Ex-PM Francois Fillon says France must sell stakes in nonstrategic firms. His Thatcherite approach is not popular on the right, center or left, but he remains the pollsters' favorite to win May's presidential election.
"The state should only be a shareholder in strategic companies," Fillon said in an interview with the French magazine "Capital."
The 62-year-old - who won the nomination of the center-right Republicans in November's primary in a last-minute upset - is leading most polls to win the first round of presidential voting.
Fillon's qualities are seen by his supporters as a combination of Gaullist (for those yearning for the nationalist qualities of Charles de Gaulle), Catholic (for those seeking a return to Catholic roots as national identity is seen as coming under siege) and, at the same time Thatcherite, an appeal that has little connection with either.
A mixed blessing?
Fillon plans to cut unemployment - stuck at around 10 percent, but falling in recent months - and reduce public debt, at almost 100 percent of GDP. He wants to raise the retirement age, cut taxes and red tape for companies and abolish the 35-hour working week.
In December, Fillon said France should sell out of "unnecessary investments" in private sector companies, citing the carmaker Renault as an example.
The French government holds just under 20 percent of Renault and has significant stakes in several other large companies, including Air France, Airbus, Peugeot, Orange and Engie.
In the 1990s, Fillon oversaw the privatization of France Telecom, now known as Orange, and he has twice led overhauls of France's heavily indebted pension system, once in 2003 and again as prime minister in 2010.
Fillon "is one of the few French politicians who is comfortable with the ‘Thatcherite' label," Steve Davies, head of education at the Institute of Economic Affairs wrote for the British website ConservativeHome.
Fillon wants to strengthen French security forces and pledges to uphold conservative social values. He is also more openly sympathetic to Vladimir Putin than others both in France and Europe more widely.
"His platform combines cultural conservatism and traditionalism with free market radicalism and promises to shake up the French economy," Davies wrote.
"The change Fillon is advocating is not the kind most of them want. France ... is seeing the emergence of a new electoral coalition that combines economic interventionism with social conservatism. The kind of conservatism that Fillon represents, combining cultural conservatism with economic liberalism, is declining because culturally conservative voters are increasingly deserting free market economics and globalization."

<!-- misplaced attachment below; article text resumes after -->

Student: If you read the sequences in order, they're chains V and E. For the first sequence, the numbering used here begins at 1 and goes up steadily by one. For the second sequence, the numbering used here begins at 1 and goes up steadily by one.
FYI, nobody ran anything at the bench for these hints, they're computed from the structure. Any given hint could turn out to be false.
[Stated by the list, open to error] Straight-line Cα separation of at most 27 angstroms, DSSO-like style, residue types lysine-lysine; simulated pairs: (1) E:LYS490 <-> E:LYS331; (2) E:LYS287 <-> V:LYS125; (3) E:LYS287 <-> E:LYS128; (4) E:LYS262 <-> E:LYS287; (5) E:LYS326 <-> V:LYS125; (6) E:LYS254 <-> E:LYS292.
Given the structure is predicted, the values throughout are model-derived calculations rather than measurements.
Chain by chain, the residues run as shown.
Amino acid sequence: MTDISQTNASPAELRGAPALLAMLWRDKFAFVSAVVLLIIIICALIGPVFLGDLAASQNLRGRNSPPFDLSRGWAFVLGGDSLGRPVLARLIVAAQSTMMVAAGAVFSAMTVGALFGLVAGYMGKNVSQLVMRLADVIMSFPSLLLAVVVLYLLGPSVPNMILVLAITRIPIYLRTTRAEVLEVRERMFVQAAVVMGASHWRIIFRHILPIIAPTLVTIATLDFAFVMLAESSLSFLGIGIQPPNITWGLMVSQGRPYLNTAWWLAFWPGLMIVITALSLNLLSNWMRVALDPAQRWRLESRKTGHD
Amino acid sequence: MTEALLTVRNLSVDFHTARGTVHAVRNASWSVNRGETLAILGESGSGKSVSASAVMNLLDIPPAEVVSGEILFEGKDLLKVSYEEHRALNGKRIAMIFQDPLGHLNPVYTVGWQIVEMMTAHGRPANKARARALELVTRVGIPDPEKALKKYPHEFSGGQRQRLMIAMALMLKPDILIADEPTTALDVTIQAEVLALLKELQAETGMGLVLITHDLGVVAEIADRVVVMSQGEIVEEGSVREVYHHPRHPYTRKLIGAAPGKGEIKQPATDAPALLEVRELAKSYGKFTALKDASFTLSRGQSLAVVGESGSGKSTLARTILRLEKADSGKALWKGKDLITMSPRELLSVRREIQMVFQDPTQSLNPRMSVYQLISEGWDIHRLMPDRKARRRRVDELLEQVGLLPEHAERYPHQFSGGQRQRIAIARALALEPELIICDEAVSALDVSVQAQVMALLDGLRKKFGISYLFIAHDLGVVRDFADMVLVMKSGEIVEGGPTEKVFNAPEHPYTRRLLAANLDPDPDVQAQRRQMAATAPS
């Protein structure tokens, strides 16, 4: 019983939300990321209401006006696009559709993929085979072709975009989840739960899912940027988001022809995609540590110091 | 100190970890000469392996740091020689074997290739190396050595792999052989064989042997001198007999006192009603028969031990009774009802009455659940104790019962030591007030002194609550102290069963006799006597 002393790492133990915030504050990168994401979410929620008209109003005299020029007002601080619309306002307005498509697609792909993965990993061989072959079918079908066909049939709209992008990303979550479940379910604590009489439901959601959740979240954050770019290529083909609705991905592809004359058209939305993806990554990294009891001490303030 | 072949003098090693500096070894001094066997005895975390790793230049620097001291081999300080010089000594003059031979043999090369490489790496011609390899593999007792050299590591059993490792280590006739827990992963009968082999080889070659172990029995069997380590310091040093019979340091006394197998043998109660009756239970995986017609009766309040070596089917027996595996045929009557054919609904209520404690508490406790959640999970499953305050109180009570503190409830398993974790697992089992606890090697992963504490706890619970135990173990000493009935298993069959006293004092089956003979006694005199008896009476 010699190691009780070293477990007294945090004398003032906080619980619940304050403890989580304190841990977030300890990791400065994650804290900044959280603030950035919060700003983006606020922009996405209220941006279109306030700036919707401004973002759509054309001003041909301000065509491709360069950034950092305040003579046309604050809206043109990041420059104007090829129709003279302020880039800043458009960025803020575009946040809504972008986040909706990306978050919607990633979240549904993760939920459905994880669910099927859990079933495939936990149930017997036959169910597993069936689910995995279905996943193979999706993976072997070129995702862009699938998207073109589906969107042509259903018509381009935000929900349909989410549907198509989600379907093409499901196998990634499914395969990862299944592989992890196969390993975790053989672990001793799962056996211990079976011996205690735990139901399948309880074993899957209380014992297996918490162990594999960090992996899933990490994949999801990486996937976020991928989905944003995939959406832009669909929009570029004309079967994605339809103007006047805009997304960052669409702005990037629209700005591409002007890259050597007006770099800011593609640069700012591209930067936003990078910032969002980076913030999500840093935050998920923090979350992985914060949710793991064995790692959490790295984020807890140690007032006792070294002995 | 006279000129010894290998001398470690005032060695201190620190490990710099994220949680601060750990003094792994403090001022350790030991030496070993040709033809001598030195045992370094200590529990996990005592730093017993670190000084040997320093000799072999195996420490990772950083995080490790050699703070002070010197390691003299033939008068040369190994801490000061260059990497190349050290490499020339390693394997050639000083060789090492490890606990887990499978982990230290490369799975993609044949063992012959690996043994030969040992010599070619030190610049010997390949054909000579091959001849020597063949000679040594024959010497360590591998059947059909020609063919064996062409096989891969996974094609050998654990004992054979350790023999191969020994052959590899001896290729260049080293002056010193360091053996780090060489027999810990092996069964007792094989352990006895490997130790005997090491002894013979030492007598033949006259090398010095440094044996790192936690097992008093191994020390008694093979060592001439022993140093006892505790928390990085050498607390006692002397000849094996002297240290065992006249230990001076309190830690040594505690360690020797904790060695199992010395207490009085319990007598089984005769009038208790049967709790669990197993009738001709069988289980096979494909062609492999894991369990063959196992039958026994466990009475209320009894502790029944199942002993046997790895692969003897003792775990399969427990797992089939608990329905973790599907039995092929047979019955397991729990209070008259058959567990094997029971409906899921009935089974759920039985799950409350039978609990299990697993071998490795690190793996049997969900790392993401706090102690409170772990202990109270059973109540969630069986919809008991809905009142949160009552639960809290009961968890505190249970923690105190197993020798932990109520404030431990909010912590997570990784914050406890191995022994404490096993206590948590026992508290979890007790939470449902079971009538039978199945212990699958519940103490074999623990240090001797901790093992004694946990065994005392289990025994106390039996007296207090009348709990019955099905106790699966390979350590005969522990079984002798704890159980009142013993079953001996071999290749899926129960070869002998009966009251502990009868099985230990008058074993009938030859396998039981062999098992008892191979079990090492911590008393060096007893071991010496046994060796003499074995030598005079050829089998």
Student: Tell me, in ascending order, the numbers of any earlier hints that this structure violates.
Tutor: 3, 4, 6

Fillon would beat far-right leader Marine Le Pen by 63 percent to 37 percent if they met head-to-head in a presidential election runoff in May, a poll showed on Thursday.
The POP 2017 poll was in line with the findings of other surveys showing Fillon losing momentum with his share of the vote in the first round, falling to 24 percent from as much as 27.5 percent a month ago.
The poll showed him trailing National Front (FN) leader Le Pen by one or two percentage points in the first-round vote on April 23, but picking up enough votes from other defeated candidates, including from centrists among the Socialists, to defeat her comfortably in the May 7 knockout.
The poll also confirmed that Emmanuel Macron, a former economy minister under Socialist President Francois Hollande who is running as an independent, might still be in a position to pull off a surprise.
Over 50 percent of French citizens believe Macron would be a better president than Fillon, a new Odoxa survey revealed. According to the survey, Fillon has lost 12 percent in the popularity rankings since November, while 57 percent of the respondents have a negative opinion of him.
Fillon has suggested that France should introduce a quota system for immigration, in a move which will be seen as backing British claims over Brexit.
Fillon's manifesto says: "The French, like all Europeans, are attached to their free movement in Europe. But who says free movement does not mean anarchy and danger to our security." If Fillon wins the French presidency, his immigration policy will play a crucial role in Britain's negotiations over its future relationship with the EU, which centers on London's bid to remain part of the European single market while also retaining control over immigration.